Growing concentration of fuel supply in major bunkering hubs will continue towards 2020 and offer only increased competition and low margins to physical suppliers.
Maritime consultancy 20|20 Marine Energy has warned that physical suppliers should move away from fuel supply in the major bunkering hubs and instead focus on smaller ports to reap the opportunities of a rapidly changing market. With continuing tight margins, and extreme competition, specialist physical suppliers are being squeezed out of traditional, large bunkering ports or reduced to providing just credit facilities and logistics services.
20|20 Senior Partner Adrian Tolson concluded: “Rationalization is the by-word in today’s bunkering industry and major physical suppliers, just like major bunker traders will have to get used to this. Traders are seeing their share of the market shrink and physical suppliers are seeing their supply volumes erode as they rationalize away from the low margin, larger supply locations. The right strategy for independent physical suppliers will be to ensure that they have the expertise and flexibility to recognize, and then quickly move into the smaller, higher margin markets. Those that do will reap the rewards.”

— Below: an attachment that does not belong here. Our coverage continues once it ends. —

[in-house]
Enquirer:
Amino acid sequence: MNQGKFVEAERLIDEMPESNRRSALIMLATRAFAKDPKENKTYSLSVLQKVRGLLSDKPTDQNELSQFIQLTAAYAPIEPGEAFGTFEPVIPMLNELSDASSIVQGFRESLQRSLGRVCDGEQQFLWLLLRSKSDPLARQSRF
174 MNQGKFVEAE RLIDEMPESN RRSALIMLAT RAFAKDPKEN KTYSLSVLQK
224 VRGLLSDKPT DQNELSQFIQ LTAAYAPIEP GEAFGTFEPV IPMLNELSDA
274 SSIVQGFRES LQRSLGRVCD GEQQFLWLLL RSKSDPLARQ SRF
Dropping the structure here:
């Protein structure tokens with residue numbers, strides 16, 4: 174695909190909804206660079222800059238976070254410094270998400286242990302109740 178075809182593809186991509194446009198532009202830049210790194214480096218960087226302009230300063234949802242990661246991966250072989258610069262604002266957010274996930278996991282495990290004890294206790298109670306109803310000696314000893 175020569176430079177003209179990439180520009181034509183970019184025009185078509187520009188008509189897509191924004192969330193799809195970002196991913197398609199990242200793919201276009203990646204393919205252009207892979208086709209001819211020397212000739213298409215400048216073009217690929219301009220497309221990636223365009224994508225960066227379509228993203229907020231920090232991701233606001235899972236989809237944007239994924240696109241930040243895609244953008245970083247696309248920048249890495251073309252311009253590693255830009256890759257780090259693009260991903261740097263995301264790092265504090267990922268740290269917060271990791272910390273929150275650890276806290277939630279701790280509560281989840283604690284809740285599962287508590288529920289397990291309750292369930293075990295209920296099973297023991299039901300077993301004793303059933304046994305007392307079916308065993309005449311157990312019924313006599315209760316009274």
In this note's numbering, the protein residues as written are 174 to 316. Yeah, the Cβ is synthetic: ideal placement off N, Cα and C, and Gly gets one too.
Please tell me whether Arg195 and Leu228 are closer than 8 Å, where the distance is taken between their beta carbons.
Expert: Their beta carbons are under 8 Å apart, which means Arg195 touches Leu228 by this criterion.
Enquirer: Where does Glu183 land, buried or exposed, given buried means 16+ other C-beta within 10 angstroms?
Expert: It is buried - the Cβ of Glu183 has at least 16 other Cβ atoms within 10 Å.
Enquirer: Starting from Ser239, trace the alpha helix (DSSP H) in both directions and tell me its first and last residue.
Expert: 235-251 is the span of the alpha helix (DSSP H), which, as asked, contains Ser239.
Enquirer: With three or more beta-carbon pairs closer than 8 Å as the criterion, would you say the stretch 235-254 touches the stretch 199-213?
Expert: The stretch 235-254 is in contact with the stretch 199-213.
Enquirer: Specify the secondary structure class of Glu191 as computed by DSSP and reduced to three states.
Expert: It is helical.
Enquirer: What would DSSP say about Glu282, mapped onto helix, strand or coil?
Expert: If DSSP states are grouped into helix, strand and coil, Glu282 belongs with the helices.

20|20 Marine Energy believes that physical suppliers should concentrate their efforts and resource on supply locations that provide a true return for their expertise and the genuine value that they can provide to ship owners and operators. This means capitalizing on supply locations that are too small or too complex for a cargo trader, and where the logistical margin exceeds the benefit of fuel cost minimization.
The growing concentration of supply in major bunkering hubs is a trend that will increase as the market moves into a post-2020 supply environment. Supply locations that lose volume to this trend, and those that have trouble meeting 2020 supply specifications, will likely become ideal supply locations for the physical specialist, says Tolson.
“Physical suppliers should leave the major ports for the refiners, cargo traders and those who have an obvious competitive advantage. Let them focus on fuel cost minimization, and shaving margins to a point where only the best blenders and cargo sourcers can make money.
“Physical suppliers need to stay away from major bunkering ports, unless there is a specific niche opportunity or there is a desire to run a logistics operation that is more focused on barging, rather than bunkering economics,” he said.
The opinions expressed herein are the author's and not necessarily those of The Maritime Executive.